Japanese drumming, or taiko, is something of an institution. But even institutions aren’t immune from the COVID-19 pandemic.
Taiko group Kodo was set to stage a nationwide tour from May through September, but the spread of the new coronavirus put an end to that, and has cast doubt on the group’s future performances in the runup to its 40th anniversary celebrations next year.
Kodo has been hit so hard that on April 13 it put out an appeal on its official website asking supporters to make donations and to buy instruments and merchandise from the group to help keep it afloat.
“We believe the world needs taiko,” the statement reads. “Our unwavering desire to continue our activities is based on that belief. In difficult times like these, perhaps the connection taiko offers is more important than ever before.”
Kodo’s appeal page allows people to donate a sum of their choice by PayPal or by credit card, with those who donate ¥500 or more having their names immortalized on the group’s website. Meanwhile, Kodo’s online store is offering DVDs, CDs, socks, accessories, drumsticks and cymbals. The group is also asking for audio and video equipment to help keep it running.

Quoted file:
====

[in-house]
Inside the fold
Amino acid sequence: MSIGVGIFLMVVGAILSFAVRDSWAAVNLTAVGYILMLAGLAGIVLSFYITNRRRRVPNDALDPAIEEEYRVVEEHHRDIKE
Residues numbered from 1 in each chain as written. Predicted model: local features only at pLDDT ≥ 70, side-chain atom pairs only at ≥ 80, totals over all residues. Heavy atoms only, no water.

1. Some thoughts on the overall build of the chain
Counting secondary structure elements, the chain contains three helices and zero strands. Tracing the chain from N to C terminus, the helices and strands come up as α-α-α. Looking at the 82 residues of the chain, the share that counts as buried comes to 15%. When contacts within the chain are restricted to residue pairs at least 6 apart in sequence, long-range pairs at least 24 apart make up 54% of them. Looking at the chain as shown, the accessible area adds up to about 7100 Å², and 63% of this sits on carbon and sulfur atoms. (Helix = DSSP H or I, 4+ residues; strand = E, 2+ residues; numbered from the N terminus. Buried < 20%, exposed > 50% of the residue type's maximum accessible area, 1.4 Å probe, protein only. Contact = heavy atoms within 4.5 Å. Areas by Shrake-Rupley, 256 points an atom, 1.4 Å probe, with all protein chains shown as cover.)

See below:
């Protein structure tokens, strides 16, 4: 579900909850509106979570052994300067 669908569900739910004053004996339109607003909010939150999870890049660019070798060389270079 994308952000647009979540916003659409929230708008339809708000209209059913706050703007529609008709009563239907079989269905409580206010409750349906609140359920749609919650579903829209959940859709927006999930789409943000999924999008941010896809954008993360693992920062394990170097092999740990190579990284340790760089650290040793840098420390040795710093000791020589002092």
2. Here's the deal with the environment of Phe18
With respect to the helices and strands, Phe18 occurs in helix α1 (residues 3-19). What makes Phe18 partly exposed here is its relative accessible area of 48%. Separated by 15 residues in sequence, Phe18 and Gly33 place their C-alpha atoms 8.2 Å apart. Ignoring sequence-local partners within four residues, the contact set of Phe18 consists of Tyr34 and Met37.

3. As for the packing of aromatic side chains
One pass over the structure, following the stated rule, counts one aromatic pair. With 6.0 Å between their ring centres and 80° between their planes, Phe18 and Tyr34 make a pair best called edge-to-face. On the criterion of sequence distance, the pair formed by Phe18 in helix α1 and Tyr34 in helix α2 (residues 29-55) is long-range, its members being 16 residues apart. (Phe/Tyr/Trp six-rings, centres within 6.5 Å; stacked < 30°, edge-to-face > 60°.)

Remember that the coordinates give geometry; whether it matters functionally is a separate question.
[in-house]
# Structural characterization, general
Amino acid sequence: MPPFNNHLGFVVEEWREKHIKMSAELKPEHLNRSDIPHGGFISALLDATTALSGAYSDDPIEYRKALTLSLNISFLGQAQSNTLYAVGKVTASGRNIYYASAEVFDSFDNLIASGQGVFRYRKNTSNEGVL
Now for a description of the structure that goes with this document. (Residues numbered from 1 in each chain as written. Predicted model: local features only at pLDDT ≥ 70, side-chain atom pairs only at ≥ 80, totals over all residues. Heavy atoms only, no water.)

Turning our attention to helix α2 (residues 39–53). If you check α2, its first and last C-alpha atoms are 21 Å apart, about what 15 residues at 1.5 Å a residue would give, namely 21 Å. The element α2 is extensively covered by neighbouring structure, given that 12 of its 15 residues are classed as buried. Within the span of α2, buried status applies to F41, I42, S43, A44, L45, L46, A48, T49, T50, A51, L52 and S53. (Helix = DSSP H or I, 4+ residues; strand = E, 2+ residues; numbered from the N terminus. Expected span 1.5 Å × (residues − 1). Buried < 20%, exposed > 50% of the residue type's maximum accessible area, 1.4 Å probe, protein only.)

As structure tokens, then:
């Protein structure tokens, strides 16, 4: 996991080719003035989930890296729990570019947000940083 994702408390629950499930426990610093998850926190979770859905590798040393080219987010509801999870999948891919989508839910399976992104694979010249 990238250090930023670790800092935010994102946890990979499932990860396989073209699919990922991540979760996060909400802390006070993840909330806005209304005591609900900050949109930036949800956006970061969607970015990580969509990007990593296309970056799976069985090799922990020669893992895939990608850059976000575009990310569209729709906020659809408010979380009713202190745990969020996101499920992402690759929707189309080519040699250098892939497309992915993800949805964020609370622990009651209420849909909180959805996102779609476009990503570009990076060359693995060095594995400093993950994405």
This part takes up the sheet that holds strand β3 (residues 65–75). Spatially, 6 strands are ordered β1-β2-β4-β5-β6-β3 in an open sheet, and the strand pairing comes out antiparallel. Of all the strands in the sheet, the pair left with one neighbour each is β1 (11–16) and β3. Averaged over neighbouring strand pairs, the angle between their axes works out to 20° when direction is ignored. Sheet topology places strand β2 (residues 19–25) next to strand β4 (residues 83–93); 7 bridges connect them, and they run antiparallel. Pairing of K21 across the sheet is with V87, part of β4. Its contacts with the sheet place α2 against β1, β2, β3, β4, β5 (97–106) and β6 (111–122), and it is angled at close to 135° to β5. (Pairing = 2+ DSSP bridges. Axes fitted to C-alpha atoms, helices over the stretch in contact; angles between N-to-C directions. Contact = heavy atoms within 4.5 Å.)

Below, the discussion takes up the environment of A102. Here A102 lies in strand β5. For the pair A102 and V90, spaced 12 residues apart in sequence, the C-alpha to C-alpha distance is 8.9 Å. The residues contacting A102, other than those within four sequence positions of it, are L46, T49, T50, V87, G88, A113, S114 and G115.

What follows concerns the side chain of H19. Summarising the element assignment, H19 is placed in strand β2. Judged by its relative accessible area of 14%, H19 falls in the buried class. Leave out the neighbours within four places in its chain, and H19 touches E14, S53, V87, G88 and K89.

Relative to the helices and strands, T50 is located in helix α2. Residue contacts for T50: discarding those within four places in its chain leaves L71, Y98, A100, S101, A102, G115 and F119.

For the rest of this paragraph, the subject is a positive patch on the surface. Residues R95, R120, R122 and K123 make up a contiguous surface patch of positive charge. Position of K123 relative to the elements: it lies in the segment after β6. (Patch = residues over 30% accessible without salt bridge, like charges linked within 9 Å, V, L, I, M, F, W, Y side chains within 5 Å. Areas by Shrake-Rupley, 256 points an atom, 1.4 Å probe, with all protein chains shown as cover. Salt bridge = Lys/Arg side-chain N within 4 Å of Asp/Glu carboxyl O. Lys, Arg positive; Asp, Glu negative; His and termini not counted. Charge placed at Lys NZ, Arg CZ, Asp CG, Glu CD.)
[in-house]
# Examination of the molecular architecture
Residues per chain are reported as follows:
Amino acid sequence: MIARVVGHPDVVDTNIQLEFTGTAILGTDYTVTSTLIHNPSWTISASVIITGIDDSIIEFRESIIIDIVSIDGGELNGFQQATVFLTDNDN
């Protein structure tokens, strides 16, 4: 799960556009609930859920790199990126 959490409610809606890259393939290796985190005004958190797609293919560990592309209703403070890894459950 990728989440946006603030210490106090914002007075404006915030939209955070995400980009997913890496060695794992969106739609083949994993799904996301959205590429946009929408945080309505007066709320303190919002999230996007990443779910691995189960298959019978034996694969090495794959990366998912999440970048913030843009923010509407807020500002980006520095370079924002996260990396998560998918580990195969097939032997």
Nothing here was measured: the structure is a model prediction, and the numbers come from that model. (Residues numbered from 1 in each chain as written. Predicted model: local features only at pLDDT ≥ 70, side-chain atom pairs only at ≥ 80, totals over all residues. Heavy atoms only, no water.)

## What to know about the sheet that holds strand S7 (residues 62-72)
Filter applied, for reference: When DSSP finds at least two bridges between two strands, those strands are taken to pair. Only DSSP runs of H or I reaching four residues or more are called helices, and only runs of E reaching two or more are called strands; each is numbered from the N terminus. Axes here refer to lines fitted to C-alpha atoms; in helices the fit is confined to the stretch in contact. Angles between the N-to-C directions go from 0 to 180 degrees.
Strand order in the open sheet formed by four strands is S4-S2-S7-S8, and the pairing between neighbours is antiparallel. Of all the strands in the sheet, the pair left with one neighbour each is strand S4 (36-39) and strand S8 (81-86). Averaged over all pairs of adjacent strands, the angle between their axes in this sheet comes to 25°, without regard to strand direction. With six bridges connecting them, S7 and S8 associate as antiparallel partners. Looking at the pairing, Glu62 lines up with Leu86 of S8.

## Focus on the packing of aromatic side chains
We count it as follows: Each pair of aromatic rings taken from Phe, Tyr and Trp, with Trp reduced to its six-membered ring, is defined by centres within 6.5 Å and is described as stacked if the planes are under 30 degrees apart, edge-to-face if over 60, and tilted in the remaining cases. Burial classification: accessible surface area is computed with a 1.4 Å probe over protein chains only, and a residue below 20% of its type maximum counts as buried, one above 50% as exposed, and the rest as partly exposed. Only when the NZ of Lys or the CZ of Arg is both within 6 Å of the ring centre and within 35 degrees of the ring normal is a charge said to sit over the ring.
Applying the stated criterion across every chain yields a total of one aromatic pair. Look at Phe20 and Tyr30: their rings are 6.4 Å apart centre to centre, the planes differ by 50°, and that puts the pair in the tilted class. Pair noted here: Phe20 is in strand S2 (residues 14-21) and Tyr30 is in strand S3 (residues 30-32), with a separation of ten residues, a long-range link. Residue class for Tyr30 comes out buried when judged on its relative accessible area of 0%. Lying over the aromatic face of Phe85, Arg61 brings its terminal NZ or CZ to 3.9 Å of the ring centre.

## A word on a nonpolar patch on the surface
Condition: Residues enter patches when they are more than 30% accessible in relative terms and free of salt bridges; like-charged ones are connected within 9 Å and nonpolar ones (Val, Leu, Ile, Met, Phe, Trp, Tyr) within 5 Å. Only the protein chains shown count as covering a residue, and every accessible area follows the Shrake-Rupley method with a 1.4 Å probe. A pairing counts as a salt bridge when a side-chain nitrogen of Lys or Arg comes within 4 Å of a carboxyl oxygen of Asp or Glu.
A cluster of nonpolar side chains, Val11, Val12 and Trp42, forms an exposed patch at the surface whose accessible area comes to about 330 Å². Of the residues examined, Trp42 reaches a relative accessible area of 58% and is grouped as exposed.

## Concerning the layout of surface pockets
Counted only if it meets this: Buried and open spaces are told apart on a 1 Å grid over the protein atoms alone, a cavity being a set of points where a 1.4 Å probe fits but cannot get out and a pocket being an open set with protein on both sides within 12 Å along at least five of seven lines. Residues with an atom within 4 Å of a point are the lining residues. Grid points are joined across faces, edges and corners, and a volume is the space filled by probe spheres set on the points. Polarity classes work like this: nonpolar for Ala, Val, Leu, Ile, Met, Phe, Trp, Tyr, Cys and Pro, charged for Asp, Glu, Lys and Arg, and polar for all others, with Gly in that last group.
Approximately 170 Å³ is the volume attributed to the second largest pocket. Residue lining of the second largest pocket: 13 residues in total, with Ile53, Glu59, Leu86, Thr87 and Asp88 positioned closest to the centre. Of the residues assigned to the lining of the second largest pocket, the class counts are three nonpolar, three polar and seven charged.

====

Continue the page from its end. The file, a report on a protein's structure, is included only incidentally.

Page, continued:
Before the pandemic had really ramped up, The Japan Times spoke with Yuta Sumiyoshi, 28, one of Kodo’s main soloists and composers as well as the troupe’s musical director for its latest major stage shows, “Meguru” and “Nova.”
“I grew up in a place where I had many chances to see taiko performances … during local traditional festivals,” he says. “Then when I was about 8 years old I joined a taiko group. I’ve always liked the fact that taiko has a wide musical range, from tiny, quiet tones to booming sounds, and you can achieve this without electric amplification. It allows you to express a wide range of feelings in a very simple, direct way.
“To put it simply, I love the physicality of the instrument: Hitting the drum and being hit in turn by its sound wave just makes me feel good.”
Sumiyoshi entered the Kodo Apprentice Centre, located on Sado Island off the coast of Niigata Prefecture, in 2010 after finishing high school.